Partners and Contact details


EMIN Project Manager: Fintan Farrell

EMIN Policy Coordinator: Anne Van Lancker ‎

The European Minimum Income Network (EMIN) is an informal Network of organisations and individuals committed to achieve the progressive realisation of adequate, accessible and enabling Minimum Income Schemes. EMIN is coordinated by the European Anti-Poverty Network (EAPN).

For the period 2017-2018 EMIN receives financial support from the European Union Programme for Employment and Social Innovation (EaSI) to develop its work in the EU Member States and at EU level. We call this the EMIN2 project

Commission LogoThe Information on this website reflects the views only of the authors, and the Commission cannot be held responsible for any use which may be made of the information contained therein.


EAPN European Anti-Poverty Network

KEY PARTNERS EMIN 2 (2017-2018)

  • ETUC European Trade Union Institute
  • Belgian Federal Public Service Social Integration, anti-Poverty Policy, Social Economy and Federal Urban Policy
  • UA University of Antwerp
  • Academic Experts and Experts by Experience
  • The National EMIN Networks
  • The EU Level Supporters Group – Open to organisations and actors committed to ensuring adequate and accessible Minimum Income Schemes

EAPN      logo    Belgian-Secretariat-integration-sociale-logo    logo_en-1



3 thoughts on “Partners and Contact details

  1. Basic Income experiments in Dutch municipalities?

    In several cities in the Netherlands discussion meetings are organized to see how the overall opinion about an experiment with an unconditional social assistance is.
    An experiment with …? Yes this is about an experiment that is brought as a pilot for a Basic Income by the city of Utrecht. This experiment has the format of an unconditional social assistance (benefit).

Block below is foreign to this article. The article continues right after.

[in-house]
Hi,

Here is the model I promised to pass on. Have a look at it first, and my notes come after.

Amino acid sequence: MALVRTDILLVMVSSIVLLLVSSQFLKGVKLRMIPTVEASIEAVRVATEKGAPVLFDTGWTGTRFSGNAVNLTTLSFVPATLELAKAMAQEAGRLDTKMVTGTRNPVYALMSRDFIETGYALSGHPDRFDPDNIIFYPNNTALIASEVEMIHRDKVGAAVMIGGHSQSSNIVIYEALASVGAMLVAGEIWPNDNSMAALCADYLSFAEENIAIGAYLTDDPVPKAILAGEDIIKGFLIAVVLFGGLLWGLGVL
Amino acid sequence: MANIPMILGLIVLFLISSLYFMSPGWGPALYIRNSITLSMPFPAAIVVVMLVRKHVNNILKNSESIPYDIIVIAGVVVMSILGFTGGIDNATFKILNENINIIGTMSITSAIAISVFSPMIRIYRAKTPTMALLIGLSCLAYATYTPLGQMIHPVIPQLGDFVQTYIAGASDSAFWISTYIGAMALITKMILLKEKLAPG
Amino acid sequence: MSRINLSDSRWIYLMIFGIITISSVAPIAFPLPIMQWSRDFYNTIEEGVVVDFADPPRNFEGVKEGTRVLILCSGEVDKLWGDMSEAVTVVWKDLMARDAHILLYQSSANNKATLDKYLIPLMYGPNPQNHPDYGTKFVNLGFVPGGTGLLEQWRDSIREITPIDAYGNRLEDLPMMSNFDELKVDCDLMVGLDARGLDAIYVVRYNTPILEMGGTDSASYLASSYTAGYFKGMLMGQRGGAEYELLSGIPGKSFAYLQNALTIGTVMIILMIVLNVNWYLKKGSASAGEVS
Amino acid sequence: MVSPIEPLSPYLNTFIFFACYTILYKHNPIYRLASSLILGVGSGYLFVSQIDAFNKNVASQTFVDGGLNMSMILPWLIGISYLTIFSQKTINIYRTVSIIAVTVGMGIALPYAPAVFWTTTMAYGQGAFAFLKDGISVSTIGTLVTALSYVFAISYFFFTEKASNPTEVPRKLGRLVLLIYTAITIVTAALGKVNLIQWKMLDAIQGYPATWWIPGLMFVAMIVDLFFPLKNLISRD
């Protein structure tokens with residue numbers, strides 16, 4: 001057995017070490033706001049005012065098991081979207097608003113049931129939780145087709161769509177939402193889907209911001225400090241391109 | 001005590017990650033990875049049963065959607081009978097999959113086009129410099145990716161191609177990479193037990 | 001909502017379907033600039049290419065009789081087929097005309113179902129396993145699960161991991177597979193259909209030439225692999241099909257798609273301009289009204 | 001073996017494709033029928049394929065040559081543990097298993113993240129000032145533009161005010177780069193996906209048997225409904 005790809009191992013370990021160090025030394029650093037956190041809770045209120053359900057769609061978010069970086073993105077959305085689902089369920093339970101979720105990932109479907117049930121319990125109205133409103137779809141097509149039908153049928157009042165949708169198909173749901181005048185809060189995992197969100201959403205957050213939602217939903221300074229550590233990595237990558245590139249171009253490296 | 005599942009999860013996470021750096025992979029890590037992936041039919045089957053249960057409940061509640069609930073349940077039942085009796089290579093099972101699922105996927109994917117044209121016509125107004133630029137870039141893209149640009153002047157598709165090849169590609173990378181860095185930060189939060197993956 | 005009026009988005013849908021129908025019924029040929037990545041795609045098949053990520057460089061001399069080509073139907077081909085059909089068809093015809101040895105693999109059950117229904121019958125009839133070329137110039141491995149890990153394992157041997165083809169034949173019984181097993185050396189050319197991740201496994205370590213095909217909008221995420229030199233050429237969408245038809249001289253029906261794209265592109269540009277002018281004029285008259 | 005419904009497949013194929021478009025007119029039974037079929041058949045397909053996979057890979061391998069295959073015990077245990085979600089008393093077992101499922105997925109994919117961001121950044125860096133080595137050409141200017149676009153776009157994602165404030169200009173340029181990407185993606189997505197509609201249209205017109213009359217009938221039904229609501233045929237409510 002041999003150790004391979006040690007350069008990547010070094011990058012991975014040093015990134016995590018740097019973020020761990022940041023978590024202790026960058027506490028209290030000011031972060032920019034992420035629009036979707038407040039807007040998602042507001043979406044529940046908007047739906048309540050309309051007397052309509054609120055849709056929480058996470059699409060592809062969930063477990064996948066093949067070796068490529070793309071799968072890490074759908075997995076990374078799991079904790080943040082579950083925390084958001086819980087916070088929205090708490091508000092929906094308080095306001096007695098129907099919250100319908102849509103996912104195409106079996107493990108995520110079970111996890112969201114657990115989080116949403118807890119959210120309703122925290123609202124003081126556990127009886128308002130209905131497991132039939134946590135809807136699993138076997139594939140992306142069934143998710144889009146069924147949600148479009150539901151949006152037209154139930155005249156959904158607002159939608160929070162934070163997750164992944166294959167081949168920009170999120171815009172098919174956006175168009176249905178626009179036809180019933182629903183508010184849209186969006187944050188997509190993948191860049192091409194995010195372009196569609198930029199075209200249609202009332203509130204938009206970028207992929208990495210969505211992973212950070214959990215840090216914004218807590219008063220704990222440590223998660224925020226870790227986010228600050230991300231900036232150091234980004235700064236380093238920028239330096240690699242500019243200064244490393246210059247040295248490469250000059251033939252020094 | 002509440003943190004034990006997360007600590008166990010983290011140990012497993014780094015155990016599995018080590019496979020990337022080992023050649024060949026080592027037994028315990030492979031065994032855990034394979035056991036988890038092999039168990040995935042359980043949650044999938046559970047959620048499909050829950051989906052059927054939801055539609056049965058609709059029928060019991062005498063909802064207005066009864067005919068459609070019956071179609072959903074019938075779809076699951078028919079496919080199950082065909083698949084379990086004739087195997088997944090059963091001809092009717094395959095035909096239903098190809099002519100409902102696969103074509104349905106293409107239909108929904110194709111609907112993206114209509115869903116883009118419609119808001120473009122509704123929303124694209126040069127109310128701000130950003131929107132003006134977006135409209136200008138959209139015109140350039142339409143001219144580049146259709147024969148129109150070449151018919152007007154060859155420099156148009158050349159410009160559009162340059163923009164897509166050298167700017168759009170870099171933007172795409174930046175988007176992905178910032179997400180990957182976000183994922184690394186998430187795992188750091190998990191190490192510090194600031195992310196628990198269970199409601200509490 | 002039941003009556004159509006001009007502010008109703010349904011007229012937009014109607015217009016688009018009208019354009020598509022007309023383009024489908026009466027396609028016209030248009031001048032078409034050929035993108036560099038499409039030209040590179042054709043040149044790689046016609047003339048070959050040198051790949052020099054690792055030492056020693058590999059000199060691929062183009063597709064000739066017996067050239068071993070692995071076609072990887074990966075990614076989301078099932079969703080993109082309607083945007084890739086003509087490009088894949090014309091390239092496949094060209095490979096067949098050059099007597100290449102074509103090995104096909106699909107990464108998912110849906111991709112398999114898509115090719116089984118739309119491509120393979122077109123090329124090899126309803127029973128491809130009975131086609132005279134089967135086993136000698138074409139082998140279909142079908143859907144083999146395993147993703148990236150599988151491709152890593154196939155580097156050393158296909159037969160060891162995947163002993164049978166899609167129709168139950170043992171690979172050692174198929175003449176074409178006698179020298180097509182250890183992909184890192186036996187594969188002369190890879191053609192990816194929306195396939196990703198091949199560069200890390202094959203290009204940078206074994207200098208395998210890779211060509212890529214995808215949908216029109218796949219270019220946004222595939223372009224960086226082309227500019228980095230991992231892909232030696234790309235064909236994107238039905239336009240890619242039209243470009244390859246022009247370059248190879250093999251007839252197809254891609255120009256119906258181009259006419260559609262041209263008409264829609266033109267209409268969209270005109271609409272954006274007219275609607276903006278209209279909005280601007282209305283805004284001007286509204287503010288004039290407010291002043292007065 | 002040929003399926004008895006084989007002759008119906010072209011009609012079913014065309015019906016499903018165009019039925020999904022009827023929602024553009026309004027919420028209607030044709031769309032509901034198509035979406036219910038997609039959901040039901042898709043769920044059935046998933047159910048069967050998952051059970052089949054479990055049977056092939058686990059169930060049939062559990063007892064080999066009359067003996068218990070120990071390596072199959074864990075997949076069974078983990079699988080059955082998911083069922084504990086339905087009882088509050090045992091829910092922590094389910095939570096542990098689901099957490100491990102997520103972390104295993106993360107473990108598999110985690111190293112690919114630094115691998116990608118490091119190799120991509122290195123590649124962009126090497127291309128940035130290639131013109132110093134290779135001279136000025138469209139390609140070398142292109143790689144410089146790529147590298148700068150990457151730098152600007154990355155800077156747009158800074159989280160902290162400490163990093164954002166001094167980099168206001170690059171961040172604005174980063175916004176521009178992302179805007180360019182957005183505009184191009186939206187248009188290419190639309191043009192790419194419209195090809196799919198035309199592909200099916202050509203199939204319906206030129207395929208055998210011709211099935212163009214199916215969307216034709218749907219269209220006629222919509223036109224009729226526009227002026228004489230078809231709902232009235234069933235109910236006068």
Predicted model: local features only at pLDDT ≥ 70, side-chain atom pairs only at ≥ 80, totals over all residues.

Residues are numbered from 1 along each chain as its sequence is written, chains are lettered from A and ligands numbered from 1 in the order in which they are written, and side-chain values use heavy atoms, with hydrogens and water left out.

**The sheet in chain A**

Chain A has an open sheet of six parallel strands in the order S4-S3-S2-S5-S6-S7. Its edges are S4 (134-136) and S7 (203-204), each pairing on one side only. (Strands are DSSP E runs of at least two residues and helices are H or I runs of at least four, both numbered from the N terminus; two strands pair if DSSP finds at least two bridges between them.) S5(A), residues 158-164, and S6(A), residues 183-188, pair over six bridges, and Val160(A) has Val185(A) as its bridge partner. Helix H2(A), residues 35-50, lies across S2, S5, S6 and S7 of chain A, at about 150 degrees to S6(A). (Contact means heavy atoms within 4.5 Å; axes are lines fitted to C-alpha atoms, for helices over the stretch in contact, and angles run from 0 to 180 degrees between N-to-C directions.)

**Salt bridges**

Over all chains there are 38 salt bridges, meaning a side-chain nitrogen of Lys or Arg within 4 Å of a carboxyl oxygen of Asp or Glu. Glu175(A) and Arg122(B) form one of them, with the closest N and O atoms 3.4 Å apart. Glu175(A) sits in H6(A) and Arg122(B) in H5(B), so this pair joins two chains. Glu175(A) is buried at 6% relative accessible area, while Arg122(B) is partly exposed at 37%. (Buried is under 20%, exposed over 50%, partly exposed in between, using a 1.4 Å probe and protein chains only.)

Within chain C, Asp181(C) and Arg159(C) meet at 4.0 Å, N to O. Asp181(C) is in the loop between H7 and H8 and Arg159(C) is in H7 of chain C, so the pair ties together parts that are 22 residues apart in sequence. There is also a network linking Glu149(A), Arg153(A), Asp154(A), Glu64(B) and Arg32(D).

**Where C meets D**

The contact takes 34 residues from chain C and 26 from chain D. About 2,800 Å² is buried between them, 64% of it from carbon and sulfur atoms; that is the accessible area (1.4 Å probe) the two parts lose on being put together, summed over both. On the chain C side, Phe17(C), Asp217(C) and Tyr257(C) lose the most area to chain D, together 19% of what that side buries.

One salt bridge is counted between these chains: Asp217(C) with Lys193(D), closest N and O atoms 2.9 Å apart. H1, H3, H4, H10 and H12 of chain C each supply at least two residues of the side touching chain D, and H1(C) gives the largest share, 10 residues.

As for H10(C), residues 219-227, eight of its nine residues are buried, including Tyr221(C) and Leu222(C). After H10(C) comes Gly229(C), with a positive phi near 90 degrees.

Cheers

The political party GroenLinks (Green Left) claims to be the first party that advocated at national level for a Basic Income. The confusion however was clear from the start. They are talking about making the social assistance benefit free of duties for a certain time (12-24 months) to see whether the participants will find some paid work of they are free of obligations.
    This is clearly not a Basic Income as it is defined.
    Why would communities want to experiment with such a benefit policy?
    Is it to free them from the trap of the Participatory Law (social assistance), in which they are caught by the latest changes? Especially seen the amount of work that DSS’s are overburdened by, it might be a reason to bring these changes in to practice? Is it not true that the initiative for the intended experiment in Utrecht came from the DSS?

    I ask myself: “Why would municipalities like to experiment with an Unconditional Basic Income?”
    Is it all about people? Individuals?
    It does need to involve a group of people that is convinced that the current facilities are inadequate. Some see the current cultural climate as one of laziness or apathy on the one hand, and the law of the jungle on the other. The power of money creates that everybody is suffering? Both the “haves” and “have-nots” ? The production and consumption compulsion? The human dimension is missing within the current cultural climate with all the social and health consequences (see “Spirit Level” by Richard Wilkinson, 2009)?
    Since a long time a group of people has been convinced that a full Unconditional Basic Income can be the solution. But it makes no sense to engage in a contest of who has come first with the idea. The group that carried the torch through the ages, has come together and now strives for the realization of this idea. That group is looking for a way to work it out by established multidisciplinary research under the guidance of experts. Seeing at the same time that opponents argue about it and feel now that it actually makes sense? Knowing that government support is needed also because it needs changes in the financial and social system that we can hardly keep functioning?

    Why should a experiment with a Respectable Basic Income, as a variety next to all the government changes made in education, health care, taxation, infrastructure (railways), road building, construction and privatization where experiments, that must be constantly updated, are used, not include a lesson for the future? It is clear that an experiment or several experiments should be based on good research and afterwards be properly evaluated.